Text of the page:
The team launched the expedition out of a tiny island in the Pacific Ocean about a four-day cruise from where the discovery was made.


Each dive of the sonar equipment lasted nearly two days and collected several terabytes of data scanning the sea floor.


The international team worked around the clock, analyzing the imagery using cutting edge software that was being written as the mission went along. 


According to Smithsonian Magazine, the blurred object is far from definitive proof, but Dorothy Cochrane, an aeronautics curator at the Smithsonian’s National Air and Space Museum, tells the magazine it’s “an intriguing image” that warrants a second look.


Earhart's fate has been the source of speculation and conspiracy theories since her mysterious disappearance in 1937. She remains a defining icon of her generation, women's rights and a pioneering spirit of early aviation.

United Homes Group Announces Acquisition of Homebuilding Business of Creekside Custom Homes

United Homes Group, Inc. (NASDAQ: UHG), a leading homebuilder in the Southeast, said it has acquired the homebuilding business and assets of Creekside Custom Homes, LLC, a home builder and land developer in the Coastal region of South Carolina. 


Financial terms weren't disclosed.


Creekside builds homes primarily in the rapidly growing Myrtle Beach market with a product set that aligns with the existing Great Southern Homes brand in the marketplace.


“The Creekside acquisition nearly doubles our presence in the fast-growing Myrtle Beach market and allows UHG to control an attractive future lot position consistent with our land-light strategy,” said UHG Chief Executive Officer Michael Nieri. “The coastal markets in our footprint continue to benefit from a favorable quality of life and affordability that is driving in-migration from all over the country.”


Jamie McLain, owner of Creekside, will stay on as the Coastal Division Land Manager of UHG’s associated land developer, and the Creekside team will join Great Southern Homes’ Coastal division.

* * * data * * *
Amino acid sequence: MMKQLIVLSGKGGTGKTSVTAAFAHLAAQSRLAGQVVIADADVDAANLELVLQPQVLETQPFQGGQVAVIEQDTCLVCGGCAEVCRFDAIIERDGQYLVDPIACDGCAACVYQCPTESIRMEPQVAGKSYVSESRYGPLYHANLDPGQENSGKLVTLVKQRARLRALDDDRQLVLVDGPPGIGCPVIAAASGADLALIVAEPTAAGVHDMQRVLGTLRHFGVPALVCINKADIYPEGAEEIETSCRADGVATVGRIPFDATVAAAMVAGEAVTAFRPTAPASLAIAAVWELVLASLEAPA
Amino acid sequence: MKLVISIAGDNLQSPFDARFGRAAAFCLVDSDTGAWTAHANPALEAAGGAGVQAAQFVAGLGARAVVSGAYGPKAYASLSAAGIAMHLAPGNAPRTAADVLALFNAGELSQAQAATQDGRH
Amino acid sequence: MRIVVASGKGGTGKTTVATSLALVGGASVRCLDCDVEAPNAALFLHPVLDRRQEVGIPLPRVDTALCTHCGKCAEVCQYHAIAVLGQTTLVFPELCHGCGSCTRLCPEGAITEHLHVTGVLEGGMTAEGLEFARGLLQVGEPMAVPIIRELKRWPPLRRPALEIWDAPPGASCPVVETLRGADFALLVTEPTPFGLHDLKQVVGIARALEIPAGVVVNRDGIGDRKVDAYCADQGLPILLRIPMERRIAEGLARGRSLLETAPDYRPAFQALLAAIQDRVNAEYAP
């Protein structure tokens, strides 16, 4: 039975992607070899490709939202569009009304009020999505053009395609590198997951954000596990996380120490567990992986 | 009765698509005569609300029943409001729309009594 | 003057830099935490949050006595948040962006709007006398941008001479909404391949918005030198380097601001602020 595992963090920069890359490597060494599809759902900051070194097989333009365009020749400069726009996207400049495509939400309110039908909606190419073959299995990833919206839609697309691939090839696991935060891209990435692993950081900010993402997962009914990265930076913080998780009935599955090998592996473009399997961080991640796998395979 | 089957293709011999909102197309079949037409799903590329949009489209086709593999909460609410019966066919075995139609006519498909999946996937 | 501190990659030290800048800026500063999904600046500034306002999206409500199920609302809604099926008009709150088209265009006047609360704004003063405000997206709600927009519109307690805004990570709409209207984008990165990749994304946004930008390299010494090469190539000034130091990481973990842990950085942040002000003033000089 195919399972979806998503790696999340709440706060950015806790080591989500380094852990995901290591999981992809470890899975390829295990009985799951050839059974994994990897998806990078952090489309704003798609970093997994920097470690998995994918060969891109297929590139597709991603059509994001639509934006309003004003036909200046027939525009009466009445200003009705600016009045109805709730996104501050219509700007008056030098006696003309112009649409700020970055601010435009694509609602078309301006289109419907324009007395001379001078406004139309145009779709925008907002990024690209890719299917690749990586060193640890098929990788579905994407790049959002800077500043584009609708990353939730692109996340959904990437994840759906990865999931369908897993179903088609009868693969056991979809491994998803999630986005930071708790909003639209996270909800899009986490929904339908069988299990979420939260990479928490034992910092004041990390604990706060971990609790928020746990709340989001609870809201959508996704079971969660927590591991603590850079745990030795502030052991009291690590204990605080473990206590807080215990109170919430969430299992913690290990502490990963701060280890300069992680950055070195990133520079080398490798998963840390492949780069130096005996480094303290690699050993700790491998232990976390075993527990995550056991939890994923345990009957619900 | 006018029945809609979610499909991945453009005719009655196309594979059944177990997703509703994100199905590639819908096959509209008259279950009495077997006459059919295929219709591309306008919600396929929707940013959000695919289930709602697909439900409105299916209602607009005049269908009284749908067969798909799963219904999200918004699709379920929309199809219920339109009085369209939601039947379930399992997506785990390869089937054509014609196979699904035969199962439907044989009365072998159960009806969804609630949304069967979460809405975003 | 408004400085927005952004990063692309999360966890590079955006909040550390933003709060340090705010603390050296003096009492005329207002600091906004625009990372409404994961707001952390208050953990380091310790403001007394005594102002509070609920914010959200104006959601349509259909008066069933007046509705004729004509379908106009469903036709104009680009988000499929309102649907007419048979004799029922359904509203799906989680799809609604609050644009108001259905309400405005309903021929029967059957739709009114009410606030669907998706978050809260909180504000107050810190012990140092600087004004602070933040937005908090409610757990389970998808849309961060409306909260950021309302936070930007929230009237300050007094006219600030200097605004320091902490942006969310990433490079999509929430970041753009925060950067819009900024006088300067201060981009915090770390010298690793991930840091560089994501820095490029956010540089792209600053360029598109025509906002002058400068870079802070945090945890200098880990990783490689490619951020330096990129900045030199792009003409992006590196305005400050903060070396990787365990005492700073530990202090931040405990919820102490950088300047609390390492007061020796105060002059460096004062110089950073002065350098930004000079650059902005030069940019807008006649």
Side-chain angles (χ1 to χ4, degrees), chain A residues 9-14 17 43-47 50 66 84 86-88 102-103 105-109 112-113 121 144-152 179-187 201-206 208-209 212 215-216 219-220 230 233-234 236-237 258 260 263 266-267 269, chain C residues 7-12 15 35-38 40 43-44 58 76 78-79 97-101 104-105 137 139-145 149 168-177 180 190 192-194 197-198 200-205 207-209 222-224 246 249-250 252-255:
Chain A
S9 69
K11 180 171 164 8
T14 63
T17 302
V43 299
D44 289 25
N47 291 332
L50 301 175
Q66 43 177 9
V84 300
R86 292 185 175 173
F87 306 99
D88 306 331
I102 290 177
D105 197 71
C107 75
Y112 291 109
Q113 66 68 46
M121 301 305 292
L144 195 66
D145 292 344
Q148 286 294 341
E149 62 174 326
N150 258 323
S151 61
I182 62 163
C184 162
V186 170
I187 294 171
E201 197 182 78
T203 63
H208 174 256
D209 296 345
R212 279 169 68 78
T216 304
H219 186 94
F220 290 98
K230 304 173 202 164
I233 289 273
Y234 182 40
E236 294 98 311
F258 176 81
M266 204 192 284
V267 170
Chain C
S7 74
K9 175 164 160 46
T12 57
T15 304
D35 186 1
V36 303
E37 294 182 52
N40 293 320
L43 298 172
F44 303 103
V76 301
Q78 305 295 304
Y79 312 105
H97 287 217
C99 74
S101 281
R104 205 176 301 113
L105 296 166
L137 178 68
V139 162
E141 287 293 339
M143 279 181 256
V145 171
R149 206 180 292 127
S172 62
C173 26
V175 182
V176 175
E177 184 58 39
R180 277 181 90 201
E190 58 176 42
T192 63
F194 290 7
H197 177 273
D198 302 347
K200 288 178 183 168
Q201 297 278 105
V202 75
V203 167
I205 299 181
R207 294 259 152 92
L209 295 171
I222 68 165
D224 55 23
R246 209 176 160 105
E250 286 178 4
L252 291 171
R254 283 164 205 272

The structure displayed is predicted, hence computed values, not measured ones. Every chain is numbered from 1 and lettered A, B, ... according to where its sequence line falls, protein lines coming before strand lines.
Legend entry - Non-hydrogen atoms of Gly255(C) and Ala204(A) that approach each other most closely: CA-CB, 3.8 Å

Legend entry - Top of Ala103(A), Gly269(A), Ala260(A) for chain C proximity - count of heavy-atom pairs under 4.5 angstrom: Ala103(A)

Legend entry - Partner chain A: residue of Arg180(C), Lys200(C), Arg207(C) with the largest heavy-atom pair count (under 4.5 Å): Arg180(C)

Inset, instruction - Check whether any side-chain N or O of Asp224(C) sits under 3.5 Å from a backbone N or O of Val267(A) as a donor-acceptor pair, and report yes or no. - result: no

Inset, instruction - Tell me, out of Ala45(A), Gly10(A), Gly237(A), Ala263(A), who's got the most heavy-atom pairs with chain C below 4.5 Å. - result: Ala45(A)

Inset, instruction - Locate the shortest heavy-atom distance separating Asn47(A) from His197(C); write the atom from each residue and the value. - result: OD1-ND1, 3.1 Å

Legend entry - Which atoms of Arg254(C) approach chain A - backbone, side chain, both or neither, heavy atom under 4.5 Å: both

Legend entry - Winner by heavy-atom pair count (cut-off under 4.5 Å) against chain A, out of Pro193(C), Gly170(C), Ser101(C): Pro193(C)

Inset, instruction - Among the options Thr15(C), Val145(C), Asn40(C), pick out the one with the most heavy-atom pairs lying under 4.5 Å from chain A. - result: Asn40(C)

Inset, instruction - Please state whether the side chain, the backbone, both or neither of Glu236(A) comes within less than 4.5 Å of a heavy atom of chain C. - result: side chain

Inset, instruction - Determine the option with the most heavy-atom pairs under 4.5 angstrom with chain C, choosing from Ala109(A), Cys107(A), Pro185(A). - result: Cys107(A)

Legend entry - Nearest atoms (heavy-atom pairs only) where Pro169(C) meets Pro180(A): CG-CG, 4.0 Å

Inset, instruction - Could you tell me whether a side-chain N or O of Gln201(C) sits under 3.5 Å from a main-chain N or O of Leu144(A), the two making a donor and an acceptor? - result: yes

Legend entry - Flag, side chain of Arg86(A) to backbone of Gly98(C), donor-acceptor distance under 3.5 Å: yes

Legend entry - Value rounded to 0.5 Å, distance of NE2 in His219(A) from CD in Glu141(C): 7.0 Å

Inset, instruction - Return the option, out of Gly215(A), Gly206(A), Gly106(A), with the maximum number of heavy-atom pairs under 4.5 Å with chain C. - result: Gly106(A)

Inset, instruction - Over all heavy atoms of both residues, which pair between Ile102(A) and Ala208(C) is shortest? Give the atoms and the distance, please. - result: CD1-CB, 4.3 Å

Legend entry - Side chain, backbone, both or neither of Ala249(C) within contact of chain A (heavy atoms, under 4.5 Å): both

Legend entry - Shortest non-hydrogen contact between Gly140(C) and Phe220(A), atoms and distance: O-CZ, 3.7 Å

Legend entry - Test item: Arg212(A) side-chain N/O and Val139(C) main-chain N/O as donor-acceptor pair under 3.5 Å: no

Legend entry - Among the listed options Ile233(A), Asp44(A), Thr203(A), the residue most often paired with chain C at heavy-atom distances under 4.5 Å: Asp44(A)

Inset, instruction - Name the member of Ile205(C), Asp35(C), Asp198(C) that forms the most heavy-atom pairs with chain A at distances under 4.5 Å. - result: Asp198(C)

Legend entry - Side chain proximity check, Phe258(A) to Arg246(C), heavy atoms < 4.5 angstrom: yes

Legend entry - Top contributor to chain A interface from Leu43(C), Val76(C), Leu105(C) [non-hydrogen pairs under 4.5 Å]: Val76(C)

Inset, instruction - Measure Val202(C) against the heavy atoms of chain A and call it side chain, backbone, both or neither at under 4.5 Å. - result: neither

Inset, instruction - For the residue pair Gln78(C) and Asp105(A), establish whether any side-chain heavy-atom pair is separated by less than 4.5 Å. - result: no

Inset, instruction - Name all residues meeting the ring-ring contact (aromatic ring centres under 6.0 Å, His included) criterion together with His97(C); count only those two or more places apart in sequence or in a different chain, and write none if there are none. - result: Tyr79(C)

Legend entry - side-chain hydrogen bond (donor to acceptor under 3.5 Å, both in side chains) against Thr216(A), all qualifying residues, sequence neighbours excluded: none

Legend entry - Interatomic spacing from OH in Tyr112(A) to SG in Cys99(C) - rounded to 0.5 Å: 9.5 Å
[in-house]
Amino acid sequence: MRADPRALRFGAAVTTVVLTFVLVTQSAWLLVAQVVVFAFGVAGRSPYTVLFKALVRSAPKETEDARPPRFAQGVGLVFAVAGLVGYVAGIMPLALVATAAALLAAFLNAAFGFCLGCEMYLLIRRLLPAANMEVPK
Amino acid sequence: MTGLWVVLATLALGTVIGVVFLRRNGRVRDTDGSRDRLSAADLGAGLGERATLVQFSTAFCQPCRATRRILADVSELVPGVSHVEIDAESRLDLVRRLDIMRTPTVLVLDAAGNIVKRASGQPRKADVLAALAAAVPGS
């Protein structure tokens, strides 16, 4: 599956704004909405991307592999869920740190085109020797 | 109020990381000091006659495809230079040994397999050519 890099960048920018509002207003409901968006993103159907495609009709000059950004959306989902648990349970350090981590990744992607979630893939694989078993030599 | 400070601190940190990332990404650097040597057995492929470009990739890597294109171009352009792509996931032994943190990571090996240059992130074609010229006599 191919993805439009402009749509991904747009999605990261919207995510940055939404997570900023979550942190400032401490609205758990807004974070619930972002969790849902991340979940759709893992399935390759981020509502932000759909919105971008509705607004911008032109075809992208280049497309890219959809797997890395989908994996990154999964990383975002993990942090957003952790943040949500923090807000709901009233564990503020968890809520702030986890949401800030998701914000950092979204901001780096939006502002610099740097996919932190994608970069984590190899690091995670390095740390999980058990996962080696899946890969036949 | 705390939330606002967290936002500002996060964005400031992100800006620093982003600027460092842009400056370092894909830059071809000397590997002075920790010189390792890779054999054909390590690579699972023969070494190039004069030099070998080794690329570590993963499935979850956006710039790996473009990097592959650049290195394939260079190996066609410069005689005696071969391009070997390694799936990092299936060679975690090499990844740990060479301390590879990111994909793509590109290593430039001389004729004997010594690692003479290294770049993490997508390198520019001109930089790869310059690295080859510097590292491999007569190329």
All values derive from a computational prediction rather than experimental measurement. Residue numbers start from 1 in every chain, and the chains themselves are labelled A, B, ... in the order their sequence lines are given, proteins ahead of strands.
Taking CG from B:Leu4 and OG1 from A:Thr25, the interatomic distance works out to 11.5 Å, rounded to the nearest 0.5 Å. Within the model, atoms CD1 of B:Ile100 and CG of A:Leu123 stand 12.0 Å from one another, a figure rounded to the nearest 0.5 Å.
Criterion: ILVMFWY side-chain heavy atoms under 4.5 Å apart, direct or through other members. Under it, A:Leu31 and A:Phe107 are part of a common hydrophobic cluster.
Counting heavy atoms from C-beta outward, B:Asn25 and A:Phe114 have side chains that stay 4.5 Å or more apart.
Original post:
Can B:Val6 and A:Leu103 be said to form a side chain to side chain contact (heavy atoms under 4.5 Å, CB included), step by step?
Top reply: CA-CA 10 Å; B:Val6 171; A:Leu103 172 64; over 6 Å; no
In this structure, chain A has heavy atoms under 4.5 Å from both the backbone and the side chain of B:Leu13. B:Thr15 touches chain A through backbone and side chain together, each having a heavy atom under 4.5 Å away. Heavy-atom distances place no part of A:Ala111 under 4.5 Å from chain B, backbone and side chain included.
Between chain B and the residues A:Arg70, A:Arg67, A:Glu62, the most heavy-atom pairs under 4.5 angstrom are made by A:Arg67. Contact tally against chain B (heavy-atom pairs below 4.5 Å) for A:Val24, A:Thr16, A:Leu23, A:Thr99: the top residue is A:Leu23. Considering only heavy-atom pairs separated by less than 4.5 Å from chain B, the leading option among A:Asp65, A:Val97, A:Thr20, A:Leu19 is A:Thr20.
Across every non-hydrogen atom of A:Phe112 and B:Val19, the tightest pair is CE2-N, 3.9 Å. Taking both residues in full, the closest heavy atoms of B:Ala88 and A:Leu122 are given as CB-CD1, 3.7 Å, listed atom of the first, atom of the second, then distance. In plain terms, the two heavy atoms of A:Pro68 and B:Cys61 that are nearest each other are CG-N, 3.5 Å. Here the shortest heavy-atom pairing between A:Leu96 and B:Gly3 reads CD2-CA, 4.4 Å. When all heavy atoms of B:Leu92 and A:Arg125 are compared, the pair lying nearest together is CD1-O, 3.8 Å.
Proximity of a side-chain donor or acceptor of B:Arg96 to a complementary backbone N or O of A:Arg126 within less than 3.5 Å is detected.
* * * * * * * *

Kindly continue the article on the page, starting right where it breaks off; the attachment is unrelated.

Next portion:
Born and raised in South Carolina, McLain formed Creekside in 2004. He is a graduate of Clemson University and is a Horry County native with over 20 years of building and land development experience. 


“I am very pleased to be joining the UHG/Great Southern Homes team,” said McLain. “It’s exciting to be a part of the UHG story early in their evolution as a public company. The homebuilding business is one that benefits from scale, and this combination will go a long way towards achieving that in the region.”


UHG is a publicly traded residential builder headquartered in Columbia, South Carolina. The company operates and builds new home communities located across South Carolina, North Carolina and Georgia.


UHG has been recognized as one of the top 50 builders by Builder magazine.

Are You a South Carolina Agribusiness Entrepreneur?

The Agribusiness Center for Research and Entrepreneurship (ACRE) at the South Carolina Department of Agriculture is accepting applications for the 2024 Advanced Entrepreneurship program through March 8, 2024.


South Carolina entrepreneurs selected for the program will have the opportunity to pitch to a panel of judges, competing to earn business mentoring and funding for their agribusiness.


The awardees will be granted up to $25,000 for their company or product.


In the seven years since it was founded, ACRE has awarded more than $1 million to 100 agricultural entrepreneurs, funded several industry-driven research projects, and led dozens of business workshops throughout the state.


“Each year, ACRE continues to uncover new entrepreneurial talent in the world of South Carolina agribusiness – a testament to our state’s talent, drive and vision,” said Commissioner of Agriculture Hugh Weathers. “I look forward to seeing a new group of competitive folks step up to the plate in 2024.”


Previous successful awardees have included female-owned vegetable grower Crescent Farm in Laurens County, which used ACRE funding to expand production; regenerative agriculture-based duck producer Vital Mission Farm in Wadmalaw Island; Milky Way Farm in Starr, which bought a second robotic milking system; and Project Victory Gardens, which leads workshops to help veterans transition to careers in agribusiness.


The Advanced Entrepreneurship application requires a business plan and a ready-to-launch prototype or sales history for the applicant’s company or product.


Applicants’ businesses must be located in South Carolina. The application also includes a detailed guide to what ACRE is looking for in a business plan.


ACRE has a separate program each fall for beginning innovators who have an agribusiness idea but don’t have experience in business.


For more information, go to or contact Kyle Player at 803-734-2324 or [email protected].